"Christians, Yezidis, and others should remain an essential part of the Middle East's once rich tapestry of ethnic and religious diversity," he added.
However, the Christian communities of Northern Iraq have been steadily dwindling since the 2003 US-led invasion of the country. If refugees are not re-settled in the area soon, and if they remain indefinitely in makeshift dwellings and refugee camps, then they could leave Iraq for good and the communities could disappear altogether.
This would be catastrophic for the future of the Middle East, Farr insisted at the UN; it would portend "the destruction of religious pluralism, and with it any opportunity for stability, stable self-governance, and economic development."
Some, like Farr, have floated the idea of "an autonomous, multi-religious, multi-ethnic 'safe zone,'" to be set up in order to keep Christians in their ancestral homeland and not disperse the communities that have lived there for centuries. If set up like past safety zones, international peacekeeping forces would be appointed to protect genocide victims in an area removed from the conflict against Islamic State.
A lot would have to be accomplished for this to be a viable plan, Farr acknowledged. Aside from military protection there would have to be "an internal police force, economic revitalization, just and effective governance, treatment for trauma and psychological distress, and mechanisms for reconciliation."
Neighboring countries would have to accept the plan, along with Iraqi Kurdistan and Iraq's central government, he added.
After a period of time, the "safe zone" could hopefully become semi-autonomous province, Johnny Oram, executive director of the Chaldean-Assyrian Business Alliance, stated in his written testimony at the May 26 hearing.
The land would have "some semblance of self-governance and self-security," he explained, and would be "the only way to regain the trust of the minorities who feel they were betrayed by the Iraqi government and the KRG [Kurdistan Regional Government]."
However, Stephen Hollingshead of the advocacy group In Defense of Christians has a different vision for the Christians in the area. "UN 'safe zones' have a very checkered past of success," he said. "They tend not to be safe, and they are, with one possible exception, never economically self-sufficient."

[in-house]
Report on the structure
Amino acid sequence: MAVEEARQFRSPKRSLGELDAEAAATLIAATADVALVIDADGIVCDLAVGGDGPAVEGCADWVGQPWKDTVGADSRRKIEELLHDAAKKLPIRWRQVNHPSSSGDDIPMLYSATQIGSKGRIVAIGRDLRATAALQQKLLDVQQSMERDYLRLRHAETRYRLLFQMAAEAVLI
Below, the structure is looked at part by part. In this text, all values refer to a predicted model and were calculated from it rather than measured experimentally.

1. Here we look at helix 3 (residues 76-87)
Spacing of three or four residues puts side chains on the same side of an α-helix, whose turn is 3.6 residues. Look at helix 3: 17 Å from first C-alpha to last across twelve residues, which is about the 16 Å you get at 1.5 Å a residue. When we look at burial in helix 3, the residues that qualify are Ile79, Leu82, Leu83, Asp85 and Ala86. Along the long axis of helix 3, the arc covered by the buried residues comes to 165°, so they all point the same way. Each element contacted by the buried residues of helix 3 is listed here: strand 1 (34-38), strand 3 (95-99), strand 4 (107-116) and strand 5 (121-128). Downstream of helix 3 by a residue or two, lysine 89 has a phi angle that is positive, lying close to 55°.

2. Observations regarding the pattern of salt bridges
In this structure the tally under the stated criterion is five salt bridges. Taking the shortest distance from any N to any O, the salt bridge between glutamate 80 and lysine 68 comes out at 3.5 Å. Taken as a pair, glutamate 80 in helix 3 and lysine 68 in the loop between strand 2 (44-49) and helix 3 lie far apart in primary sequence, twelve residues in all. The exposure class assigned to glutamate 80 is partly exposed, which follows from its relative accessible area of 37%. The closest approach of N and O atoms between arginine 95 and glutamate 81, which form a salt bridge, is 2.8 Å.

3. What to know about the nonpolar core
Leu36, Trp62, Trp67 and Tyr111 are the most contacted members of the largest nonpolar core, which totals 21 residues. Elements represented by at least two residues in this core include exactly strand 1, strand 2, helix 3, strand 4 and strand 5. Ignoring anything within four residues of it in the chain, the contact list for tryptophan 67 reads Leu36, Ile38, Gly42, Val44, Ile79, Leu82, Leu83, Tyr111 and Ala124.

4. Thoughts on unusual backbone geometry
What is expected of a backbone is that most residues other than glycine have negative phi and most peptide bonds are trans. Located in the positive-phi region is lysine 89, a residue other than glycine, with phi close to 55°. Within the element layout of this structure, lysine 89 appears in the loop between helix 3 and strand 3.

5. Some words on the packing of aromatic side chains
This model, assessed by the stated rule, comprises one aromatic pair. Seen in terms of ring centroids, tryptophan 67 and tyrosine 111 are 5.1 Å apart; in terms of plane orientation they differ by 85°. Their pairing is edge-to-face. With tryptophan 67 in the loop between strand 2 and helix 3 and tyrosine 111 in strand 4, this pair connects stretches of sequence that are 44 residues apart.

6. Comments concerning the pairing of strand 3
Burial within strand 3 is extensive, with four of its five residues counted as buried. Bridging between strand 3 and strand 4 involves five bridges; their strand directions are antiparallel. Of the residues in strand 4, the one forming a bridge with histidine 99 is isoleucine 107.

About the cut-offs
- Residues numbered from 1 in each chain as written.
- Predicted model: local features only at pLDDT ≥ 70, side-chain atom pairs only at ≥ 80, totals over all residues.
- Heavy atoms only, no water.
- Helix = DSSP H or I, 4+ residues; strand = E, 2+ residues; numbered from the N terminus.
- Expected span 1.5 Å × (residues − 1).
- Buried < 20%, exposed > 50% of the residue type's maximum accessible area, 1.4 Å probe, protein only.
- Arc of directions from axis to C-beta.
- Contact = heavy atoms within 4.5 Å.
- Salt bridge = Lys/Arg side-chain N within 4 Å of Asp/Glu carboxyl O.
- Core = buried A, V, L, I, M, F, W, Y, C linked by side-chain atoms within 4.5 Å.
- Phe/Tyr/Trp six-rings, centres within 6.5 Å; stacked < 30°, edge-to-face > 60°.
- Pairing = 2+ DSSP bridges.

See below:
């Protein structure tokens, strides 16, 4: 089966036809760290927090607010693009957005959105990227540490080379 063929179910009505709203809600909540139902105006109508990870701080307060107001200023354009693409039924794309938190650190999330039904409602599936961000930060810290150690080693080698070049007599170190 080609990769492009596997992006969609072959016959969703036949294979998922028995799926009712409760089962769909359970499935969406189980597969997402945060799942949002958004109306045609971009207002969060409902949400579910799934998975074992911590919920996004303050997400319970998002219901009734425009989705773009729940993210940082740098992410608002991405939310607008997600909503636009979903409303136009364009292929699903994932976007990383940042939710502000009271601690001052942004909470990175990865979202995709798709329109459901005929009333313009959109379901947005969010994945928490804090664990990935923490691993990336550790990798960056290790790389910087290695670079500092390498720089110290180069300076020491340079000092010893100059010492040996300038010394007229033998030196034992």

Hollingshead is the managing director of the IDC's Haven Project. Instead of starting with a "safe haven," he explained, he would like to immediately transition the land into a self-sufficient place for Christians and other ethnic and religious minorities – one village at a time.
Christians here could not only survive, but could flourish and be self-sustaining, protecting themselves and providing for themselves and trading with partners in the region, he said.
(Story continues below)
Subscribe to our daily newsletter
At Catholic News Agency, our team is committed to reporting the truth with courage, integrity, and fidelity to our faith. We provide news about the Church and the world, as seen through the teachings of the Catholic Church. When you subscribe to the CNA UPDATE, we'll send you a daily email with links to the news you need and, occasionally, breaking news.
As part of this free service you may receive occasional offers from us at EWTN News and EWTN. We won't rent or sell your information, and you can unsubscribe at any time.
The Nineveh Plain, which lies between Mosul to the west and Iraqi Kurdistan to the north and east, is the target for this endeavor. Christians could cultivate the fertile and and produce goods for international markets while policing and protecting themselves.
There are, of course, many variables. The Kurdish Peshmerga, "if left to themselves," Hollingshead stated, will simply annex the plain once Islamic State is defeated.
That is why Christian and Yazidi militias must partake in the fight against Islamic State, he insisted: "If the Christians and the Yazidis, who owned the place, do not actively participate in the re-taking of the place, then they won't have a seat at the table in deciding what happens."
"I believe that the Kurds would be willing to do a deal – and I'm asking the U.S. government to make such a deal," he continued. If the Kurds agree to relinquish their claim to the plain in exchange for the U.S. recognizing their right to self-determination, such an agreement could come about.
This is no certain proposition – Christians in the region still remember Kurdish participation in the genocide of Assyrian Christians a century ago.
And they are still wary of the Peshmerga today, according to Naomi Kikoler, deputy director of the Simon Skjodt Center for the Prevention of Genocide at the U.S. Holocaust Memorial Museum.